During one of my recent class discussions while talking about time management, a tool I commonly use came to mind. This tool is called an A3: a structured problem-solving and continuous-improvement approach, named for the A3 paper size typically used. An A3 can be very difficult or simple. I believe in keeping things simple. I am a very visual person and like to understand how far behind I am with just a quick glance.  As a maintenance and reliability professional, one of my key roles is to keep people on timeline and on task. However, like many of you, I am a procrastinator. My top strength is adaptability, so I thrive in chaos; I struggle with planning.  The A3 Tool is just one of the tools over the years that I have come to rely on.

A typical A3 is made up of 7 Parts:

  1. Background - This section is to give the reason why I am doing the project.
  2. Objective Statement – Here is where we detail out the project goals or what we would like to achieve.

    These first sections can take days to complete, but I like to keep them simple. Don’t let these sections be a roadblock to getting started using your A3.

  3. Description or Task - This is where I describe or list the tasks that have to be done to accomplish the objective.
  4. Due Dates - This section can either be in months, weeks, or days. This always depends on how large the  project is. It was normal to have several A3s hanging on my office wall with each of these time frames on them.
  5. Critical Performance Measures - If I have specific items that need to be done within specific time frames, I list them here as well, to help me understand that some items have steps that lead up to one of the tasks, or not completing my task on time might cause someone else to be late on their task. In many instances,  A3s are linked together.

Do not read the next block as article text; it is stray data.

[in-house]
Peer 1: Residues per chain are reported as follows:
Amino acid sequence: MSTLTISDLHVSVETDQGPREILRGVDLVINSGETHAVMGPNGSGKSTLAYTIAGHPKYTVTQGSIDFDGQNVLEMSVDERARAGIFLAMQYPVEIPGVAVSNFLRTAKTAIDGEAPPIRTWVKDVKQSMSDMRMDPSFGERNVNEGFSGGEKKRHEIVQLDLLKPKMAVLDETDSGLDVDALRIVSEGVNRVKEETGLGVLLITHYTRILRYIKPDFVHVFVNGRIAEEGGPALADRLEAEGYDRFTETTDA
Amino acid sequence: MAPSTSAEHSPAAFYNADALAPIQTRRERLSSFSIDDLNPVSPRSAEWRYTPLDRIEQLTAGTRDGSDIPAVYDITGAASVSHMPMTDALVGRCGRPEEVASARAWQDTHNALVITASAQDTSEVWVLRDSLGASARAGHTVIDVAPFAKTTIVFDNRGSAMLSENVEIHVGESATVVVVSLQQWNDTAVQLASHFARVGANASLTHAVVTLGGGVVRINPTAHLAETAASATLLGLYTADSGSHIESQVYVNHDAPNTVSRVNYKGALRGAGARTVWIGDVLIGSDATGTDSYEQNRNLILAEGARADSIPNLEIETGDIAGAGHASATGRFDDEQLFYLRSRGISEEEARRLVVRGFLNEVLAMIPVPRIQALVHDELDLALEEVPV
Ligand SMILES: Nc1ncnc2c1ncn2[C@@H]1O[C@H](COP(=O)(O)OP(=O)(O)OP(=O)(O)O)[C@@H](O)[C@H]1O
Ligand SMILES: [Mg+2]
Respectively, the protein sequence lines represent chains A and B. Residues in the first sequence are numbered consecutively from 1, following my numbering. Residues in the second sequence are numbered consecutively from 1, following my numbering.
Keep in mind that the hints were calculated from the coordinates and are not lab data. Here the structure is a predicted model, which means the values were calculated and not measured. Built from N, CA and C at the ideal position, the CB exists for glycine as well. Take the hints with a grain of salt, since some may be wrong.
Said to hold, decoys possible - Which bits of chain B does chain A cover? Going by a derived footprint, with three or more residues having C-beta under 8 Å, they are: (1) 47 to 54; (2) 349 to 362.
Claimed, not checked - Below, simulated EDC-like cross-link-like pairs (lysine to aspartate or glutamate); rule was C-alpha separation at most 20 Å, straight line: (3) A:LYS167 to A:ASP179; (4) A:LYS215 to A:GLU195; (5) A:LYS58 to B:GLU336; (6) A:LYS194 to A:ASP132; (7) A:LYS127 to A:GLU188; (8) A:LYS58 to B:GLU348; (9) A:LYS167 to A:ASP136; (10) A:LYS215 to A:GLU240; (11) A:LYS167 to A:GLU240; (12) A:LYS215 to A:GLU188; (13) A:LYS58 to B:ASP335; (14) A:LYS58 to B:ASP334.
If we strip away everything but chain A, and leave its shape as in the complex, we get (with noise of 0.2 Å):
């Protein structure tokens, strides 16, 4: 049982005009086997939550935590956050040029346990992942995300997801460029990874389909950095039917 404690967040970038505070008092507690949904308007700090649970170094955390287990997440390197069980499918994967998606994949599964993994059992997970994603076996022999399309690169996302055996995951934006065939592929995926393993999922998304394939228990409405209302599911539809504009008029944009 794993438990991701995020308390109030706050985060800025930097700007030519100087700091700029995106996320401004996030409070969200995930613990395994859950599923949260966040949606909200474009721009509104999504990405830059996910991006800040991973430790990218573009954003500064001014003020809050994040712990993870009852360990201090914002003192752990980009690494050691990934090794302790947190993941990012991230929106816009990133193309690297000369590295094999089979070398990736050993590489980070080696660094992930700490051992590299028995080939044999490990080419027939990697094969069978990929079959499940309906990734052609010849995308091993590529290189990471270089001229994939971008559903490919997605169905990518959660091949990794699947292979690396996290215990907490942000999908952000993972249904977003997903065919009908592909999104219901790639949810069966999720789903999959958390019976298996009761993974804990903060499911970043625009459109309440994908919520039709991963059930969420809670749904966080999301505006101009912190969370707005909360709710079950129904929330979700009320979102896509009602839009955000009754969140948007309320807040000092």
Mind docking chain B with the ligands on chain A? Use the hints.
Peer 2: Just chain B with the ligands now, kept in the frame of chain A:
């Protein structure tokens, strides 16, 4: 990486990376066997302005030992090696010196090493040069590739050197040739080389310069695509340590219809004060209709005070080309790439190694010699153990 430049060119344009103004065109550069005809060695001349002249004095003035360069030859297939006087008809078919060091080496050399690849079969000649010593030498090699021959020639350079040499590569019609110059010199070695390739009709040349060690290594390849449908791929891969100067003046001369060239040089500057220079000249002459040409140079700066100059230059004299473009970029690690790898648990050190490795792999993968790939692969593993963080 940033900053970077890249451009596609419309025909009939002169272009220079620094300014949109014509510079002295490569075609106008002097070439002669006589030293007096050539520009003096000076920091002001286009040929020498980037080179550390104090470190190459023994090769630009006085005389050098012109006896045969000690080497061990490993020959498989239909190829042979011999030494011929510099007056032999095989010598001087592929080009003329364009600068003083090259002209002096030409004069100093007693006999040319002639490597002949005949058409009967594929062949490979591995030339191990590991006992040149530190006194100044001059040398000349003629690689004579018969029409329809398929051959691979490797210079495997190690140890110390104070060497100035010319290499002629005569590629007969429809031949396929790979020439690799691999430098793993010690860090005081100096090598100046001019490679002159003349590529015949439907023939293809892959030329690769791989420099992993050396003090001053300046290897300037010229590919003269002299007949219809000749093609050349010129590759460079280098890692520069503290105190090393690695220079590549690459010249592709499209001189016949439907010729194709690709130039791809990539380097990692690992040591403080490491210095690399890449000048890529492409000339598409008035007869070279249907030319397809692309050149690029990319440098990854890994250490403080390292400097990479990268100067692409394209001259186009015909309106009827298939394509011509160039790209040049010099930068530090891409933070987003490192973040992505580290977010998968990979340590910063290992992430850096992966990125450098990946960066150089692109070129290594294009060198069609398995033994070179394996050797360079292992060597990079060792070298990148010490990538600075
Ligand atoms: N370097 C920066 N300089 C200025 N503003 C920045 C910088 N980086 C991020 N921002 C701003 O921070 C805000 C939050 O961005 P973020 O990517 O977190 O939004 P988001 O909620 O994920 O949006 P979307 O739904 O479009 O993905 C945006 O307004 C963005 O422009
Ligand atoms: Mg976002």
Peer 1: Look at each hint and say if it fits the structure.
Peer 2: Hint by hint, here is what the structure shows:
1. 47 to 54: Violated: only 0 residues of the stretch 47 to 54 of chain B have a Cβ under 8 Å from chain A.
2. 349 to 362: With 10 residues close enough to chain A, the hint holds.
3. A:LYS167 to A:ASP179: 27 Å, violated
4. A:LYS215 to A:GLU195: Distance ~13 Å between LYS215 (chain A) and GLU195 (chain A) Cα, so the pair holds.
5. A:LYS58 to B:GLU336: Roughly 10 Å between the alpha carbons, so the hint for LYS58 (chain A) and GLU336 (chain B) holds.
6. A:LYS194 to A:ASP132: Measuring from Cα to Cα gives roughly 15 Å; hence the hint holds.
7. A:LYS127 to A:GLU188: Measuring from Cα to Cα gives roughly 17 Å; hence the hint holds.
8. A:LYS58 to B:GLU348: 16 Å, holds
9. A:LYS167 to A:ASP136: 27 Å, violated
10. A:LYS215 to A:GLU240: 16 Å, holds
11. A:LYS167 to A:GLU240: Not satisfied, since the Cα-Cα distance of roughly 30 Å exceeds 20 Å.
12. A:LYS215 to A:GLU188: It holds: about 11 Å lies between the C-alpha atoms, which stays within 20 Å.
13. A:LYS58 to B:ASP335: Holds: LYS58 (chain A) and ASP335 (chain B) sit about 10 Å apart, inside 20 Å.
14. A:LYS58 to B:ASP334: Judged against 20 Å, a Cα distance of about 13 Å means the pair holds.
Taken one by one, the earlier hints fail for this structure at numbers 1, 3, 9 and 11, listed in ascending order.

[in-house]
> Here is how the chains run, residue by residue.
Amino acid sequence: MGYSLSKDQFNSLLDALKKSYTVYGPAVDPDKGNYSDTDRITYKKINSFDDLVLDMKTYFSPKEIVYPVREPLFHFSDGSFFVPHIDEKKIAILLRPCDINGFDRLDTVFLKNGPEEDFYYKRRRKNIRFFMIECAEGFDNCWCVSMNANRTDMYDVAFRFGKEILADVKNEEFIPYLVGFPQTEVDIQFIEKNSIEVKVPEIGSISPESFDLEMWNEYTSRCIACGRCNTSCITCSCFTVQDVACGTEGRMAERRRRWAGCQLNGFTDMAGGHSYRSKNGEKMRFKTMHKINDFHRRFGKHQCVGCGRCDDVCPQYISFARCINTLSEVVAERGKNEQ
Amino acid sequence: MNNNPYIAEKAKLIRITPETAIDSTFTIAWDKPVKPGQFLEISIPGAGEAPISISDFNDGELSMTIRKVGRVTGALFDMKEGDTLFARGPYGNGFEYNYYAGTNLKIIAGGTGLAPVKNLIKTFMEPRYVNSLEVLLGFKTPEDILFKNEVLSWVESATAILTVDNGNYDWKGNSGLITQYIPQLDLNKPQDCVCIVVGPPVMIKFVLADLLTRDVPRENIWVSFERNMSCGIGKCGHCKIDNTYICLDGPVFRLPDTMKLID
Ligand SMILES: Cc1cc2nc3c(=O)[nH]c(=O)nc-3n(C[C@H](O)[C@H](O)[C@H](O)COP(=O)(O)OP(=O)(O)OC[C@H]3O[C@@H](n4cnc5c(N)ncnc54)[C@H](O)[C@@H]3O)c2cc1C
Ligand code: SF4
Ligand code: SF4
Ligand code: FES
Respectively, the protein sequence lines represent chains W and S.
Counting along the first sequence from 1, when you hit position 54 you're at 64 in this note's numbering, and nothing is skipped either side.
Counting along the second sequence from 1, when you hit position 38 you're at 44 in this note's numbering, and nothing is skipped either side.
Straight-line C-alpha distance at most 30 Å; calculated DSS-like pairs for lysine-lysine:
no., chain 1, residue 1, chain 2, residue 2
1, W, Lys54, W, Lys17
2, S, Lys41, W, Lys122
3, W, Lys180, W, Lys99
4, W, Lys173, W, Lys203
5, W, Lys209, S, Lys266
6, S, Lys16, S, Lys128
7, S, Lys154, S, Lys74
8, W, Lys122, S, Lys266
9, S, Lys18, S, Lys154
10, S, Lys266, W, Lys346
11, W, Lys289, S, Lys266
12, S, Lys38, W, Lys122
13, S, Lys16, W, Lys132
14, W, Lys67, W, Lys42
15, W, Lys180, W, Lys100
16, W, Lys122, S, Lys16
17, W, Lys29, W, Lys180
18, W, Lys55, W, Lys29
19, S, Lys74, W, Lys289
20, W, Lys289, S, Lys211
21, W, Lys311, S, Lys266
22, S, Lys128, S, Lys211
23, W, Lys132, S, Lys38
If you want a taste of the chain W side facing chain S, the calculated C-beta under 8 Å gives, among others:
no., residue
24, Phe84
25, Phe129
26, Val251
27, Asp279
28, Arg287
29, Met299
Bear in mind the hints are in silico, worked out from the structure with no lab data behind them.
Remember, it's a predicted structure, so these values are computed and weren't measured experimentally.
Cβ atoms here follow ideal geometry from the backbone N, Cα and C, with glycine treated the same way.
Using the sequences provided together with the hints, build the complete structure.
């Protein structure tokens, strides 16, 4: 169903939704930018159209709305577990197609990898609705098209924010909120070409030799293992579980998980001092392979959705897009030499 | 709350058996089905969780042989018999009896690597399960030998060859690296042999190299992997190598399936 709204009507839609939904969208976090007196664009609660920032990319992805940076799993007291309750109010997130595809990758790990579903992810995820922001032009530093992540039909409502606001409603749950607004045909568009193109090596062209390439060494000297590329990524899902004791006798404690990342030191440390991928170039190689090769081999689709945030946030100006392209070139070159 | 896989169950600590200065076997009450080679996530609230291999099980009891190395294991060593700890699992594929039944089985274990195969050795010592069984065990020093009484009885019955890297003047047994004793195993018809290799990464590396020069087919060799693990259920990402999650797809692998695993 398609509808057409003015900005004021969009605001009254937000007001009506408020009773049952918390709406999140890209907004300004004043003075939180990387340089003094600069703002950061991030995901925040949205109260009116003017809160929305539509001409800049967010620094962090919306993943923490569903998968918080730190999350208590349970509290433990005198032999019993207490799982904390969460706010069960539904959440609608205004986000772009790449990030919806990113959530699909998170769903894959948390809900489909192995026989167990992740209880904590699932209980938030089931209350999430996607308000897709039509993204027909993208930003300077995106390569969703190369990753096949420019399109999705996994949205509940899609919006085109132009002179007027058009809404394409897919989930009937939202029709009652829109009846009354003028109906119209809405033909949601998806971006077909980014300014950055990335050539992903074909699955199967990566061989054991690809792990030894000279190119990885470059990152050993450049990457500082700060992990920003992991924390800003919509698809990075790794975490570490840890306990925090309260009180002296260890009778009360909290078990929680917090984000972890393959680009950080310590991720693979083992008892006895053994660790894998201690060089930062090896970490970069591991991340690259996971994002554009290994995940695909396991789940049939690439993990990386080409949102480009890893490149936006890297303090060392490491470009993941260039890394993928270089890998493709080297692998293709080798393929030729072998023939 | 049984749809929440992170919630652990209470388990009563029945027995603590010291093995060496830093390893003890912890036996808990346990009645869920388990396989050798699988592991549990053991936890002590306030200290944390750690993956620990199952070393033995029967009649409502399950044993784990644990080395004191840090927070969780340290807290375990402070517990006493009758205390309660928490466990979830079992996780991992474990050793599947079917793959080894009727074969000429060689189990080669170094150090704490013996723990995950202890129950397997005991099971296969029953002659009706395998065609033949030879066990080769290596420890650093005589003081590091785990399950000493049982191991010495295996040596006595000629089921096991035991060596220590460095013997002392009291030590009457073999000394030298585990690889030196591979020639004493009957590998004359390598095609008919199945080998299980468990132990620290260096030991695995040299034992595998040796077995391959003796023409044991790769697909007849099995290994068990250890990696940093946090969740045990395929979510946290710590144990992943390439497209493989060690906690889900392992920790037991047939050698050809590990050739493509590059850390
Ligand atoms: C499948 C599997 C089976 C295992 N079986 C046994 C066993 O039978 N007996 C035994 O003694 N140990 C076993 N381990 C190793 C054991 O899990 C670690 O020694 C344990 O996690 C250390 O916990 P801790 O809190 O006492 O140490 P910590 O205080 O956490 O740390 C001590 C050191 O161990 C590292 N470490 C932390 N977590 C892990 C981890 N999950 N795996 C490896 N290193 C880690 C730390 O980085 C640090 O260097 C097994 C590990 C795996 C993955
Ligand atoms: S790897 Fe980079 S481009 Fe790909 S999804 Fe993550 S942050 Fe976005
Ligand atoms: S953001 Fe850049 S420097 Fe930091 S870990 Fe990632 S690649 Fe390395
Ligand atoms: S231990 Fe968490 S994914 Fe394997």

6. Current Adjustments, Date, and Owner - This section is very important to me, to help me realize why I might have missed some dates. Sometimes, it was simply because I had taken on too much, and other times it was because I had not utilized my time properly. Each time I missed a date, I would list why I had to adjust and the date. There were times I realized I had too much on my plate, so I would hand this task over to someone else or ask for help.
  7. Updates/Comments -This is a place to record any change in events or general comments during the course of the project. Sometimes tasks become obsolete, need to be significantly altered or requires a change of time tables or due dates as the project progresses.  If I feel overwhelmed,  I note it here, and explain what I am doing to overcome it. It could be also be a simple comment such as "moved task #4 to back one week” or “removed task #3 due scope of project.”   But I would still get a red fill/not completed unless it was out of my control or the task was no longer needed.

This is really a high level overview and an A3 can be way more complex, but, I like it because it can be adapted to be used simply and easily.

Many people don't want to use this tool, because of the length of time needed to write the background and objective statements. I look at the tool in a simpler way, and use it to help me. If you have any questions on how to implement this tool, do not hesitate to reach out to me.  

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David Hunt
Senior Facilitator / Professional Development Specialist
(919) 926 – 2463
dhunt@marshallinstitute.com


Read the full Time Management Series from David Hunt!